Film-Companion-96-vijay-Setupati-Trisha

Indian films being remade in other Indian languages is not new. That said, off late it feels like the moment a film does well in another region, Bollywood instantly snaps up its remake rights. It’s almost as if someone else does the hard work and Bollywood reaps the benefits. One of the biggest Bollywood hits of 2019 was Kabir Singh, a remake of Telugu hit Arjun Reddy. Telugu film Jersey starring Nani is being remade with Shahid Kapoor. And Allu Arjun’s massive hit Ala Vaikunthapurramuloo will be next. While many of these will fit seamlessly into the Bollywood universe, there are some films that should just be left alone. Not all stories are adaptable, and not all actors replaceable. We’ve already seen that with a few remakes that did a terrible job of living up to its source material. 

Here are a list of films that we love and we hope remain untouched by Bollywood.

96 (Tamil)

Director: C Premkumar

I am not sure that any other actor can do what Vijay Sethupathi did – make a grown man blush and yearn and love with such commitment without looking corny. He made you believe in a love story that seems impossible. He made the incompleteness of Ram and Janki’s love somehow feel complete so that we understood that it is indeed better to have loved and lost than never to have loved at all.  Let’s not mess with that! – Anupama Chopra

Mayanadhi (Malayalam) 

Director: Aashiq Abu  

film companion maayanadhi lead image

 

The reason this film-about-love feels like a bulldozer-to-the-heart is because it indulges the ambiguity, with characters and situations that aren’t final. There’s a comfort in flux. If this film marries the Bollywood aesthetic of drummed cinematic moments, moral tales and satisfying conclusions, the charm will be lost. Here, we have a hero who does 100 pushups every morning but feels shy talking about it.  There’s an abusive brother, on whom no revenge is extracted.  What will they do with that story?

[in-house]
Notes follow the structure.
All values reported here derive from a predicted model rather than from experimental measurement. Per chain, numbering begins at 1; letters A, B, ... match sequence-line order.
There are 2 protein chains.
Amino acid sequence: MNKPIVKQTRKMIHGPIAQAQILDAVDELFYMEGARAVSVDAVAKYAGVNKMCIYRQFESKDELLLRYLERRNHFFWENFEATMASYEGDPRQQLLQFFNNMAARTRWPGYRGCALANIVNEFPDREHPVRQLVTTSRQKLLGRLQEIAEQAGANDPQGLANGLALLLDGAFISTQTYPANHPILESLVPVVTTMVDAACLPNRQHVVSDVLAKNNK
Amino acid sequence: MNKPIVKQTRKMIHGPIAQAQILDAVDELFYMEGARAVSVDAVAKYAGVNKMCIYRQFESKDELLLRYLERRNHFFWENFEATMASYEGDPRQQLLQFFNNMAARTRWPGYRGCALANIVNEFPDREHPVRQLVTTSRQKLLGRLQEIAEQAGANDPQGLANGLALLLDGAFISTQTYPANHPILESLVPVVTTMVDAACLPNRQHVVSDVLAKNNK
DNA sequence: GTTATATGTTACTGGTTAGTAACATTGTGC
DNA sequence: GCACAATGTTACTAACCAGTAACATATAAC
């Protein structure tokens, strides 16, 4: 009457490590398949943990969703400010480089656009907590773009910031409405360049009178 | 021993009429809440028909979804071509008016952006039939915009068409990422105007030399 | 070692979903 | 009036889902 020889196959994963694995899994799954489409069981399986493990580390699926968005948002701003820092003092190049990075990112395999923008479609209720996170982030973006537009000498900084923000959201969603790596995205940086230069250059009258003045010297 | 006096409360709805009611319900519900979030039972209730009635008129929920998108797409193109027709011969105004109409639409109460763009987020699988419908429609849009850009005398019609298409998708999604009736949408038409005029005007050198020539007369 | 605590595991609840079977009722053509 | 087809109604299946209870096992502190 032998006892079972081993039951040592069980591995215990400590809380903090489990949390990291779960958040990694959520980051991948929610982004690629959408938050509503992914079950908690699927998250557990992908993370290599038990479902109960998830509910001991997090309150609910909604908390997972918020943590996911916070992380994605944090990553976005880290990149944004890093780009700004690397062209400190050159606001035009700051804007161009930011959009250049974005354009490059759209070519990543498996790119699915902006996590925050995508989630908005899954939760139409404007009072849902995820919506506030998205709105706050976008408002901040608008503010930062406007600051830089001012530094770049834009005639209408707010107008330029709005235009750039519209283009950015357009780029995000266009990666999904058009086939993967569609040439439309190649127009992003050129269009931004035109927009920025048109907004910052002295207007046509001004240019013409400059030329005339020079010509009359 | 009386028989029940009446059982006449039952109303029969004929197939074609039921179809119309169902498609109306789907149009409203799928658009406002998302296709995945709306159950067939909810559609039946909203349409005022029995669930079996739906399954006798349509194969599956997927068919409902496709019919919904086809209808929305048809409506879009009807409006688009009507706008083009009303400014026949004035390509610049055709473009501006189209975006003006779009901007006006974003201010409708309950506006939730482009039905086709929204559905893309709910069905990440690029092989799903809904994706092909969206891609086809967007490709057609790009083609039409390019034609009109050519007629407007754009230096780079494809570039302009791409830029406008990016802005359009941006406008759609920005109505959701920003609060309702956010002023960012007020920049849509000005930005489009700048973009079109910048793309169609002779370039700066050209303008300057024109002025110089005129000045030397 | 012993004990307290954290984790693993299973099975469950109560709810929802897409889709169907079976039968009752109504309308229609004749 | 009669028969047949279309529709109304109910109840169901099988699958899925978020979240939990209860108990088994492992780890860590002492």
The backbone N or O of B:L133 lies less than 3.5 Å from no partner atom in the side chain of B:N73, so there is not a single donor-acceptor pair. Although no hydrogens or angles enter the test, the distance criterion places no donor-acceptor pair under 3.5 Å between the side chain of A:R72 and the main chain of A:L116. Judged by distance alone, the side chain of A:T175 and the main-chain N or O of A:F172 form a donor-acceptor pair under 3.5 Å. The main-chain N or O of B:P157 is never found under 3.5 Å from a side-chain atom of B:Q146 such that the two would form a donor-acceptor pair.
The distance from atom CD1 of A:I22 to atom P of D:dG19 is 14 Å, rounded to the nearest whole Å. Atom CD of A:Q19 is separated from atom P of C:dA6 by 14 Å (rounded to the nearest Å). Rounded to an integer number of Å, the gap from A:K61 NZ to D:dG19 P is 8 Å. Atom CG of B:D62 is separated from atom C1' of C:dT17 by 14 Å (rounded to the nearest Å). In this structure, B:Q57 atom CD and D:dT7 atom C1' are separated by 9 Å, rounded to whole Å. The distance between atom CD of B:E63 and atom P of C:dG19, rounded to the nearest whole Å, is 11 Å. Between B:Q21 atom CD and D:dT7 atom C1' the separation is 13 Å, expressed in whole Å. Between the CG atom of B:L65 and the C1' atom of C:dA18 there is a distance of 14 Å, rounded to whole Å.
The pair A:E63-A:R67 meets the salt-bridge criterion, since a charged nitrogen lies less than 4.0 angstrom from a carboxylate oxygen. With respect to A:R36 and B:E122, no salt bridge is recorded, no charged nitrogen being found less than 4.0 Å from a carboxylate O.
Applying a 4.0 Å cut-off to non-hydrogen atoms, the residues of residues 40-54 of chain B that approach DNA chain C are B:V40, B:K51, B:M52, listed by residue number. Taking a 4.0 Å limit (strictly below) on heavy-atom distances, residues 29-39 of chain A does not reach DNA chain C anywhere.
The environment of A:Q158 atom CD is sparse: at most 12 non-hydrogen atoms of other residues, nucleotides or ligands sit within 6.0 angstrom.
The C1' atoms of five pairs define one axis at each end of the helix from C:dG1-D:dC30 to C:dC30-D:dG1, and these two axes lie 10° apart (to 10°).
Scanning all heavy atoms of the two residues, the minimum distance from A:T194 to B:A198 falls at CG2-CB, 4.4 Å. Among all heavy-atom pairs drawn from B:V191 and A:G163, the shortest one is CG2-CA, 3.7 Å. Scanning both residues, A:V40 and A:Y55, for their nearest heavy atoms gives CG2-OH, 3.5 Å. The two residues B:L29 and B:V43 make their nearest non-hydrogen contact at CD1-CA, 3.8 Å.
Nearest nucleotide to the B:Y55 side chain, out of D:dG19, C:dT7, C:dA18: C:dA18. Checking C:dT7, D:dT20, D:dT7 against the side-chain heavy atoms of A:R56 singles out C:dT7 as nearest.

I have a very strong feeling that if the film is made into Hindi, when the hero would ask for Bournvita while everyone asks for black coffee, there will be a comedy track, a boink or something. And what a travesty that would be. He’s not a child. He’s child-like. The difference between the two will be lost in translation. – Prathyush Parasuraman 

Pisaasu (Tamil)

Director: Mysskin

This paranormal drama is nominally about the hero trying to get rid of the ghost that’s taken residence in his house – but the film is really Mysskin’s idea of a love story, which means it’s light years away from your typical love story. This isn’t just about the script and about what happens. It’s about the very strange poetry an idiosyncratic filmmaker can impose on his material – and until Hindi cinema produces such a filmmaker, Pisaasu is best left untouched. – Baradwaj Rangan

Bakita Byaktigato (Bengali)

Director: Pradipta Bhattacharyya 

Bakita Byaktigato, the best Bengali film you didn’t know about, seems safe from a remake because of its relative obscurity. But what if an unimaginative director got his hands on the film’s out-of-the-box central idea — that of an amateur filmmaker shooting a documentary about love, and in the process, stumbling upon a village where every visitor is known to fall in love? The village in question is the director Pradipta Bhattacharyya’s real-life home: Tehatta, in Nadiya, the land of Chaitanya Mahaprabhu, where many of the film’s mystical ideas seem to be rooted in. The thought of a remake seems wrong at so many levels. – Sankhayan Ghosh 

Thanneer Mathan Dinangal (Malayalam)

Director: Girish A.D